Table 5

Content of the Recovery programme guided self-help intervention

The key components of the intervention included a book [13] and guidance from a health professional. The intervention consisted of an evidence based health technology guided by a mental health professional (termed 'self-help coaches'), delivered over 3–10 sessions, 15–30 minutes per session over a period of 5–12 weeks. The book entitled the 'Recovery Programme for Depression' (also recorded onto CD-ROM) was divided into 4 steps. Details of the steps and their content can be found below.

The recovery book was written to engage patients, and incorporated metaphors, lay language and personal experience. The book was printed using colour, illustrations, and each step was colour coded for easy reference, and had a Flesch readability ease score of 74.0. The book, CD, and printed diaries were all placed in a plain black folder in an attempt to ensure a level of privacy for patients.

Mental health workers ('self-help coaches') attended a two day training programme which ran on both study site settings. The training focussed on all aspects of delivering the intervention from initial assessment, delivering the rationale for treatment and guiding patients with the materials. Training was accompanied by a training handbook (available from the authors). A significant portion of the training was spent practising self-help coach skills and working through the 4 steps of the book (using fictitious but typical cases of mild to moderate depression).

Step 1 'What is this recovery programme all about' introduced guided self help, emphasising the pivotal role of the patient as the agent of change and in control of their intervention. We highlighted this by stating that the recovery programme was about a 'team', with the patient as the 'team captain'. In addition we renamed the mental health workers (MHW) 'self – help coaches' and used the analogy of a personal fitness trainer to further highlight the view that the coaches were there to support, monitor and advise patients as opposed to the traditional therapist role. Case vignettes were used to demonstrate the personal experience of depression.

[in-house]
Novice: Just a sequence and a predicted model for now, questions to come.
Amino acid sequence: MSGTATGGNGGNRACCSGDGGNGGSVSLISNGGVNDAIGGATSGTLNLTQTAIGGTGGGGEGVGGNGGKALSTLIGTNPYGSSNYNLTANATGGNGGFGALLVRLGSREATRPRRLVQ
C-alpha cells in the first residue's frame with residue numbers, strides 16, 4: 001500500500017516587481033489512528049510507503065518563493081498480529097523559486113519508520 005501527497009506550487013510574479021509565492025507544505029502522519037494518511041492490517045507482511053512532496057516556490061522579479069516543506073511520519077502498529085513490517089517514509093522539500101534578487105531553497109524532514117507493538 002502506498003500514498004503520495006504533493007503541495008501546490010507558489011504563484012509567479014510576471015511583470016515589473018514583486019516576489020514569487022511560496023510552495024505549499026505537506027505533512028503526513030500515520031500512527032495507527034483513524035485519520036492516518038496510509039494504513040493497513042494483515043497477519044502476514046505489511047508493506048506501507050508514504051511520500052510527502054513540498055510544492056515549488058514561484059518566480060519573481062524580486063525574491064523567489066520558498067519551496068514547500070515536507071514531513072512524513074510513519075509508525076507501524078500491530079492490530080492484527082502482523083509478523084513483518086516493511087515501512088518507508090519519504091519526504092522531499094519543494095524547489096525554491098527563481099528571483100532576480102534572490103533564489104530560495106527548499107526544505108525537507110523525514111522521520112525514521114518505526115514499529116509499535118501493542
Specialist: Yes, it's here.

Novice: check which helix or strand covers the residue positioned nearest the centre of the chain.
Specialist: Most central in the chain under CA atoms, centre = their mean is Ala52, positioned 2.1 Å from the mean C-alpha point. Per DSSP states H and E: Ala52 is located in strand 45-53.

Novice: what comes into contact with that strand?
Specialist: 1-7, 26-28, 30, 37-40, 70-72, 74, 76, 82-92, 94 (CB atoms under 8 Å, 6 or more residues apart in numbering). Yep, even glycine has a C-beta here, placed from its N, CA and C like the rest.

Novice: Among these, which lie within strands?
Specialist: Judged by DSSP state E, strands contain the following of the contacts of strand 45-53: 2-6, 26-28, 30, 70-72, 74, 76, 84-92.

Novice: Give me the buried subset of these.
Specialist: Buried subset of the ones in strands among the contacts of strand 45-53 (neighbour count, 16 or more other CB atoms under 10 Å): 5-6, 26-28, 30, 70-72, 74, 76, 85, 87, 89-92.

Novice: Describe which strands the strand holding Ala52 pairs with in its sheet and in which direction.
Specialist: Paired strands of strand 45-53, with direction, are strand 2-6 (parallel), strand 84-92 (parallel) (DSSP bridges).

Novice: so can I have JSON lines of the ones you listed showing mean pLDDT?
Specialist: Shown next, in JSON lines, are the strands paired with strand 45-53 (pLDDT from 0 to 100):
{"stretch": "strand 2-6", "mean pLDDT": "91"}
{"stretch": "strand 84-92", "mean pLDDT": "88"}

Step 2 'Understanding the way I feel' incorporated the notion that people's experience of depression is focussed on their inability to cope and loss of social functioning. This was addressed by suggesting that patients complete an 'Impact sheet' to highlight areas of loss or reduced functioning. We gave examples of typical metaphors people use to describe depression in lay language. The ABC model of emotion (feeling, thinking, and doing) was used to assist understanding of depression. Brief written exercises were included to assist engagement and understanding. To further ensure that the patient was in control of their treatment a section was included on devising patient centred goals, which were outcomes that the patient wanted to achieve.

Step 3 'My recovery programme' focussed on 3 evidence based interventions which were principally CBT based and included the rationale and application of behavioural activation, cognitive restructuring and ways to improve physical problems such as sleeping, irritability and concentration. These interventions were highlighted as a method of regaining control and thereby improving functioning. Patients were asked to choose the intervention that they thought would best help them. To assist this choice and ensure patient preference, patients were asked to read the 3 recovery stories at the end of the book. These stories were typical but fictional cases demonstrating people's experience of depression, guided self-help and recovering from depression using one of the 3 interventions.

Step 4 'Staying well and the recovery stories' focussed on advice and ideas on continuing to manage mood and relapse prevention. The recovery stories were fictitious (though based on clinical experience) accounts of people experiencing depression and managing depression using one of three interventions i.e. behavioural activation, life style changes or cognitive restructuring.

Lovell et al. BMC Psychiatry 2008 8:91   doi:10.1186/1471-244X-8-91

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